Feel free to jump in late with these challenges, it's just fun having paintings picked out to study. (Thanks to Philip Reeve for pointing me to this particular painting!)

There's a higher-resolution version of the painting over on Wikipedia, if you want to study it more closely.

The titles of these paintings we examine always make me wonder. I felt a bit sorry for 'The Ugly Duchess' we studied last time; I don't think we'd officially label a painting of an old woman 'ugly' these days. And I had no idea what 'Bashi-Bazouk' meant other than one of Captain Haddock's swear words in Tintin comics.

Image suppied by @Le_Woodman on Twitter.

The Met in New York interprets 'Bashi-barouk' as 'headless' and implies the artist dressed the soldier in textiles he had lying about the studio, not that the soldier would have owned such a fine silk outfit. I looked up the Wikipedia entry for 'Bashi-Bazouk' and it felt very one-sided. It says the word means, literally, 'damaged head' or 'crazy head' and was used to describe mercenaries of the Ottoman army. It notes these people were particularly known for their 'lack of discipline' and that 'their uncertain temper occasionally made it necessary for the Turkish regular troops to disarm them by force'. But it also says that they weren't paid, given any uniform or badges like the other soldiers and they just had to plunder what they could. Which doesn't make for the greatest morale, I'd say. Reading between the lines, I'd say the Bashi-bazouk had a pretty rough time.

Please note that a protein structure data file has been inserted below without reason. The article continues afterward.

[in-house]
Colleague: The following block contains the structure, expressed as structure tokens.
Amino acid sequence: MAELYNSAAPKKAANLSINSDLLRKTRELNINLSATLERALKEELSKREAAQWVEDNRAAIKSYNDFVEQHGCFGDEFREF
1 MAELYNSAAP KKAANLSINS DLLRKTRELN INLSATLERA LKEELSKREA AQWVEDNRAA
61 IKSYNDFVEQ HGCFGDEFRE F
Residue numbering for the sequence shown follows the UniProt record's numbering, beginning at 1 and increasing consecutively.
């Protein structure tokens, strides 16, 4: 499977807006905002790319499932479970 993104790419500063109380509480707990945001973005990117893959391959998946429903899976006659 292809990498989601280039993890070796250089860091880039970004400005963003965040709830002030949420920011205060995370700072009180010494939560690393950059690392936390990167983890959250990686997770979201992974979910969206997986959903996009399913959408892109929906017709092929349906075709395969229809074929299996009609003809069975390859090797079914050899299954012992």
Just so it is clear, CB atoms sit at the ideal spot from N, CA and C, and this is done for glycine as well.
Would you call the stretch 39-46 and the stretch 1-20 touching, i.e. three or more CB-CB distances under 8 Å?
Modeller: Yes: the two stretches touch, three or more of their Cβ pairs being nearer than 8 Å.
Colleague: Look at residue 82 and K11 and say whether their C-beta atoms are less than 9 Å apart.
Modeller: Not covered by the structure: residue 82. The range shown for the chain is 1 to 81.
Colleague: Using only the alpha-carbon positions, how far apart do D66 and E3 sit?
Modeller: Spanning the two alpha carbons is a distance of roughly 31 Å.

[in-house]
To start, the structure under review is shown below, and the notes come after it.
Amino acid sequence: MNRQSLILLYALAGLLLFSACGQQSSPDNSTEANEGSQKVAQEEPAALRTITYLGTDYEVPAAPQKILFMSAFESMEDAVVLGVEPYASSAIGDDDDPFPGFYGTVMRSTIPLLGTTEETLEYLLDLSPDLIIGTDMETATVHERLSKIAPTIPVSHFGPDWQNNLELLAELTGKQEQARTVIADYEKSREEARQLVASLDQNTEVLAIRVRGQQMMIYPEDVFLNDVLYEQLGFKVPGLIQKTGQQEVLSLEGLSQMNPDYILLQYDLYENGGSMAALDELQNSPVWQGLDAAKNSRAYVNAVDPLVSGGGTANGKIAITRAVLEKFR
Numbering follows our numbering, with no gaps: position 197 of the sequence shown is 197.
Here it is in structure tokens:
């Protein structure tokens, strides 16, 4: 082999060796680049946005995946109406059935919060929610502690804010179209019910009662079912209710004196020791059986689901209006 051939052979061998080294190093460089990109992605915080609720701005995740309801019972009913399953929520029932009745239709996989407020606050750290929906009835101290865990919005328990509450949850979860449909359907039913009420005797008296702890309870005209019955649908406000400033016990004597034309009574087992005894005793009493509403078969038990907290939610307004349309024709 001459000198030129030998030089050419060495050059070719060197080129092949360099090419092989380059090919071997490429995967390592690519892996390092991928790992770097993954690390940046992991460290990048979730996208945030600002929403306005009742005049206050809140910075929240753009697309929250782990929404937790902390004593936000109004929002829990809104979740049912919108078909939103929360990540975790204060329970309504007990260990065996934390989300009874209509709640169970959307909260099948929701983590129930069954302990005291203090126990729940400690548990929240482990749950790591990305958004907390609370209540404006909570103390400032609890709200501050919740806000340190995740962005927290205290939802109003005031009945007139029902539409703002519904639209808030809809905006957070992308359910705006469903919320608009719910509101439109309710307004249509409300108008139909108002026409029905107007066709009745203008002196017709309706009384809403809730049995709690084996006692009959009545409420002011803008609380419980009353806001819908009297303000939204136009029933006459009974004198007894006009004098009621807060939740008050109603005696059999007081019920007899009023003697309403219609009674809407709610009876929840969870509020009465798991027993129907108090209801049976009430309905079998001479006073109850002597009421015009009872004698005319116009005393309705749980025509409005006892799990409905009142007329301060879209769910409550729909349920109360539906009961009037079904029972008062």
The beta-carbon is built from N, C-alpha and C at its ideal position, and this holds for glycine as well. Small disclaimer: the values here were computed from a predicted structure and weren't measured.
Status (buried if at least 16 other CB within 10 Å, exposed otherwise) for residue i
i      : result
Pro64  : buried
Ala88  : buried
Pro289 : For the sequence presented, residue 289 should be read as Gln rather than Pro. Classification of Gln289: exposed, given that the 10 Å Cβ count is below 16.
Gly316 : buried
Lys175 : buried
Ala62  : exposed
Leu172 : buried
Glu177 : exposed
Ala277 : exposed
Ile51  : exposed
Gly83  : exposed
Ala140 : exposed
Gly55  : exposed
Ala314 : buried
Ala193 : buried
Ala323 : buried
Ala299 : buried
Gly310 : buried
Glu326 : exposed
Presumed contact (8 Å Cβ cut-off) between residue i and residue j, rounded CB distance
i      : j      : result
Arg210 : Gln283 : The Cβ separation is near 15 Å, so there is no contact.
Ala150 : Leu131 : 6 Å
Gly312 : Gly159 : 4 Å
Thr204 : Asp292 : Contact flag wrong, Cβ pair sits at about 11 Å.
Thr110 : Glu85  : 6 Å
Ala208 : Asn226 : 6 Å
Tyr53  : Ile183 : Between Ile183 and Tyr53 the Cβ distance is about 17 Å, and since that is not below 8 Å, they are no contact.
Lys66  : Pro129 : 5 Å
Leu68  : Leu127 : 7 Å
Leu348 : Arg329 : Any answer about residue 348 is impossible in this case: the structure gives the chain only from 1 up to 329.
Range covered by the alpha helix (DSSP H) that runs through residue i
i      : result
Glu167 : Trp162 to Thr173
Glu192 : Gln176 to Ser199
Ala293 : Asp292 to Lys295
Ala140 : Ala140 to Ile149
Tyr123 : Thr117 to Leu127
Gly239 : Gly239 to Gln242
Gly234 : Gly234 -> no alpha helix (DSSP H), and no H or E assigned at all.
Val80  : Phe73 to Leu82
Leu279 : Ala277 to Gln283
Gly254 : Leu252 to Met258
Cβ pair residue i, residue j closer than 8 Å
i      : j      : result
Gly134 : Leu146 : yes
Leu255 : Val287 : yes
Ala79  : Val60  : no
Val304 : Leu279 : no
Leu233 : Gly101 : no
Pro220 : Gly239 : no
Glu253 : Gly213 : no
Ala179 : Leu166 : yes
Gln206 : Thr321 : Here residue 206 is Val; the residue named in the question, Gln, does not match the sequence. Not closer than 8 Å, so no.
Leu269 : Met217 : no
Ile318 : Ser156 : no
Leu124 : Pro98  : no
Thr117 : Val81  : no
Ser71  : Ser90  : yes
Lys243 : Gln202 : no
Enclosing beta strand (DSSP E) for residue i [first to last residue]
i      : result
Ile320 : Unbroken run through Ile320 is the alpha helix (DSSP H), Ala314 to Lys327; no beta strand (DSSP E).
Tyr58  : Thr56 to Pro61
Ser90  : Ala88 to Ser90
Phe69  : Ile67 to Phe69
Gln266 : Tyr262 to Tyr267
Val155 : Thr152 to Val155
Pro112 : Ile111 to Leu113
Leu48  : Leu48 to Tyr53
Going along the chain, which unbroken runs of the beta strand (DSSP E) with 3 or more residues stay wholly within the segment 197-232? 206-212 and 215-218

Edit: And from what bunn pointed out, some of them gave a pretty rough time, too. Unpaid troops are a VERY BAD IDEA. (See the Batak massacre if you have a stout constitution.)

Edit: These two kids' entries came in late but they're too terrific not to include: 'Bashi as an insect' by Alec, age 7, and the second by Morris.
If you have a child between the ages of four and ten, have you thought about encouraging them to submit a travel-themed story and cover image for the Emirates Flight Time Stories competition? The deadline is midnight, 6 Nov, and you can check out the prizes and view some of the stories already submitted here on their new website! (One of them's about Colin the Crab, possibly inspired by the character in Oliver and the Seawigs!)

Emirates asked my co-author Philip Reeve and me to share some secrets to coming up with awesome tales. Here are some of Philip's Top Tips for writing a story!

1. Write about something that really interests you - a setting or an idea that you really love (or maybe really hate!) If you're interested in it, hopefully the readers will be, too.

2. Start with your main character wanting something - they need to go somewhere, or get something, or escape from something, or meet someone. Maybe they're just lonely and need to make a friend, or maybe they want to find some buried treasure. How they get what they want will be your story.

3. But they don't get what they want straight away! There are problems to overcome along the way. Perhaps they meet other characters who help them, or try to stop them. It's like a board game: there's a start point and an end point, and what makes it interesting is the obstacles along the way.

4. Don't worry too much about the words. Just tell the story. Then, when you've finished, go back and see if you can tell it better. Does it make sense? Could it be shorter? Can you make it funnier (if it's a funny story) or sadder (if it's a sad one)?

5. Enjoy yourself. Have fun. Surprise yourself! Writing a story should be a bit like reading a story - you'll want to find out what happens on the next page.

Check back soon for my top tips about drawing a story! And find out more about the competition at emiratesflighttimestories.com.

Read the rest of 10-year-old William Miller's story here